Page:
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Modernist Preoccupations With Progress: An Exploration

The term ‘Modernism’ relies upon notions of progress in that it is defined by an ‘artistic and literary superiority of moderns over ancients’. The ‘modern’ era enjoyed scientific, technological and social progress, whilst the uncivilized and primitive past was very much left behind.
That is not to say that modern artists neglected to recognise their debt to the past and although modernists tended to reject notions of time as linear, the causal development of time meant modern artists and writers often looked to the past at least as a tool for comparison. It could be said that Modernist art reacted to the rapidly changing and dehumanised world of the late nineteenth and early twentieth centuries by actually challenging common notions of progress and demanding a reappraisal of the direction in which society was moving.
The artistic movement known as Cubism originated in the minds and art of Pablo Picasso and Georges Braque, and at first stood as an experiment in style alongside avant-garde developments in western art. Like many of the movements under the ‘Modernist’ umbrella, Cubism sought to move away from established notions of art; Cubism’s roots are in realism, but Cubist artists also challenged the convention of naturalism and the illusion of three-dimensional seeing. This was initially done by presenting a two-dimensional picture surface with flat forms and tonal colours, which aimed to bring together the mind and the eye without trying to fool the viewer into seeing something other that the ‘reality’ of the picture surface. In this way, Cubism presented a more accurate reality than previous artistic movements that used the convention of three-dimensional representation, because we do not see the world from a singular perspective. Whilst self-confessedly indebted to his Impressionist forebears, Picasso changed modern notions of art by ‘reappraising [his] fundamental materials, to redesign composition and remake form’.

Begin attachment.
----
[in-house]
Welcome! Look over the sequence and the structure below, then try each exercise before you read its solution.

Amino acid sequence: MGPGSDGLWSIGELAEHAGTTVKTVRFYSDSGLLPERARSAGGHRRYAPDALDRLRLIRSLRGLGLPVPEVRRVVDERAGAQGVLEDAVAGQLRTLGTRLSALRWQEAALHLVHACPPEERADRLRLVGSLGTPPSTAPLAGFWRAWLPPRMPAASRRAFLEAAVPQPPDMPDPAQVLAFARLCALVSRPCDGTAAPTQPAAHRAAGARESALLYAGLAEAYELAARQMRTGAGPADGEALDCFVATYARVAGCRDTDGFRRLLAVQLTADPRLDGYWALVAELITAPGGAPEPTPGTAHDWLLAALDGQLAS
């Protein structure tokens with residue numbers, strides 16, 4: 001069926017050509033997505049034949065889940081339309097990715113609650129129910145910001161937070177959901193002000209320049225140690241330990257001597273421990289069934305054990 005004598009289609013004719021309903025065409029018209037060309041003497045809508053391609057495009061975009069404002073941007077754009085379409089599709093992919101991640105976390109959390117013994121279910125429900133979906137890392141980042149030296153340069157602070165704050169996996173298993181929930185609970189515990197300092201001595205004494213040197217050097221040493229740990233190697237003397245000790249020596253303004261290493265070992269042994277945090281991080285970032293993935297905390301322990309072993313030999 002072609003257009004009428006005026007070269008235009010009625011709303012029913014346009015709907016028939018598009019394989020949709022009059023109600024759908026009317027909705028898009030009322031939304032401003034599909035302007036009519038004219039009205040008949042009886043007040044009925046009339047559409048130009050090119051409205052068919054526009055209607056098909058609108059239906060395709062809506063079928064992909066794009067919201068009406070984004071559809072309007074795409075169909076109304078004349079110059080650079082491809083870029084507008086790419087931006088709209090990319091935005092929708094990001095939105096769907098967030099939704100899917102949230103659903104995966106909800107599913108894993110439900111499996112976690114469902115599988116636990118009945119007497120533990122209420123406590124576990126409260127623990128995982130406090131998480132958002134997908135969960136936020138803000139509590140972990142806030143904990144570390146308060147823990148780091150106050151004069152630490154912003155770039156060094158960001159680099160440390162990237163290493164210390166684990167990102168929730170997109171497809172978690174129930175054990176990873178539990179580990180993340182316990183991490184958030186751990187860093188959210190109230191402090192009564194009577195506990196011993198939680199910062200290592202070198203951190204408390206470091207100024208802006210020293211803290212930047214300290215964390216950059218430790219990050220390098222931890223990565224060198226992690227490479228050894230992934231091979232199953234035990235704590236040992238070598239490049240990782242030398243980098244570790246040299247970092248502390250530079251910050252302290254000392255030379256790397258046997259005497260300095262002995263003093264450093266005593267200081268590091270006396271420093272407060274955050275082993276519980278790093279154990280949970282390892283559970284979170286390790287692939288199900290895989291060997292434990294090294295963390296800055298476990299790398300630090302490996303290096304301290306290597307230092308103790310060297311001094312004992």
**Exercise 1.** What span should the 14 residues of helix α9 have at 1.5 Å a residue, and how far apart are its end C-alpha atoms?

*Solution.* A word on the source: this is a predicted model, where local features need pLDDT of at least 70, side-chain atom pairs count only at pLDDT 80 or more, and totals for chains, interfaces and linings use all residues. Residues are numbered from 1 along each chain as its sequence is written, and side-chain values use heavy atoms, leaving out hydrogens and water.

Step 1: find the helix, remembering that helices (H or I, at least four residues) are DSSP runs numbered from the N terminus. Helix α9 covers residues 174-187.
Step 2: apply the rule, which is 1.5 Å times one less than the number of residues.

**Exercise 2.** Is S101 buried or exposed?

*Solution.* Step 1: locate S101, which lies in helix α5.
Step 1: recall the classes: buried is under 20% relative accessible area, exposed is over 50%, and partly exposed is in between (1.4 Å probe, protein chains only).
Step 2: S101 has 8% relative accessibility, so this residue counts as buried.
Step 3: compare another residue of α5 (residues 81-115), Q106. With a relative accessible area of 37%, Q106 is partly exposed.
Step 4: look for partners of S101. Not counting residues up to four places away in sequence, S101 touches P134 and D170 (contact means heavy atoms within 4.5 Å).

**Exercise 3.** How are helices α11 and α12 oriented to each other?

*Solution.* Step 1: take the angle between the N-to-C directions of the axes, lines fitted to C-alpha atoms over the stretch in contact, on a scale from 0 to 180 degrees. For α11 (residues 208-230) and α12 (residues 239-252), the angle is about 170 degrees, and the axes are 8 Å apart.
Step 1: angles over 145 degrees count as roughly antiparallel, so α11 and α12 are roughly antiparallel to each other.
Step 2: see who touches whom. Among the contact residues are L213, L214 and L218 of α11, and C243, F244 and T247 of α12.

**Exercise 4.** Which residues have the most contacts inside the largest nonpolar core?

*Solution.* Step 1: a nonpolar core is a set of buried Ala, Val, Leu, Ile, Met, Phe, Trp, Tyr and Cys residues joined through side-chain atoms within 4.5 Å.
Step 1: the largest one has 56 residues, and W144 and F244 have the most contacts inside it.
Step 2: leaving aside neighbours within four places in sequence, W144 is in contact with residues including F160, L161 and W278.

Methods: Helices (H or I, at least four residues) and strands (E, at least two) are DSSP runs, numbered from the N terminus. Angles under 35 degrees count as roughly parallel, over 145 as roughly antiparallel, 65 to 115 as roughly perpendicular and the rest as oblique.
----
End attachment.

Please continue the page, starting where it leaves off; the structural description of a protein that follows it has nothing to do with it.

What was seen as a breakdown in society, with the advent of mechanised warfare and impoverishment of the human spirit, encouraged Cubist artists to present a new way of looking at the world. Cubist techniques of presenting both sides of a chair or all the perspectives of a model’s face served to create an art in which normal notions of vision and thought are challenged; are we not able to move around an object and see it form all sides?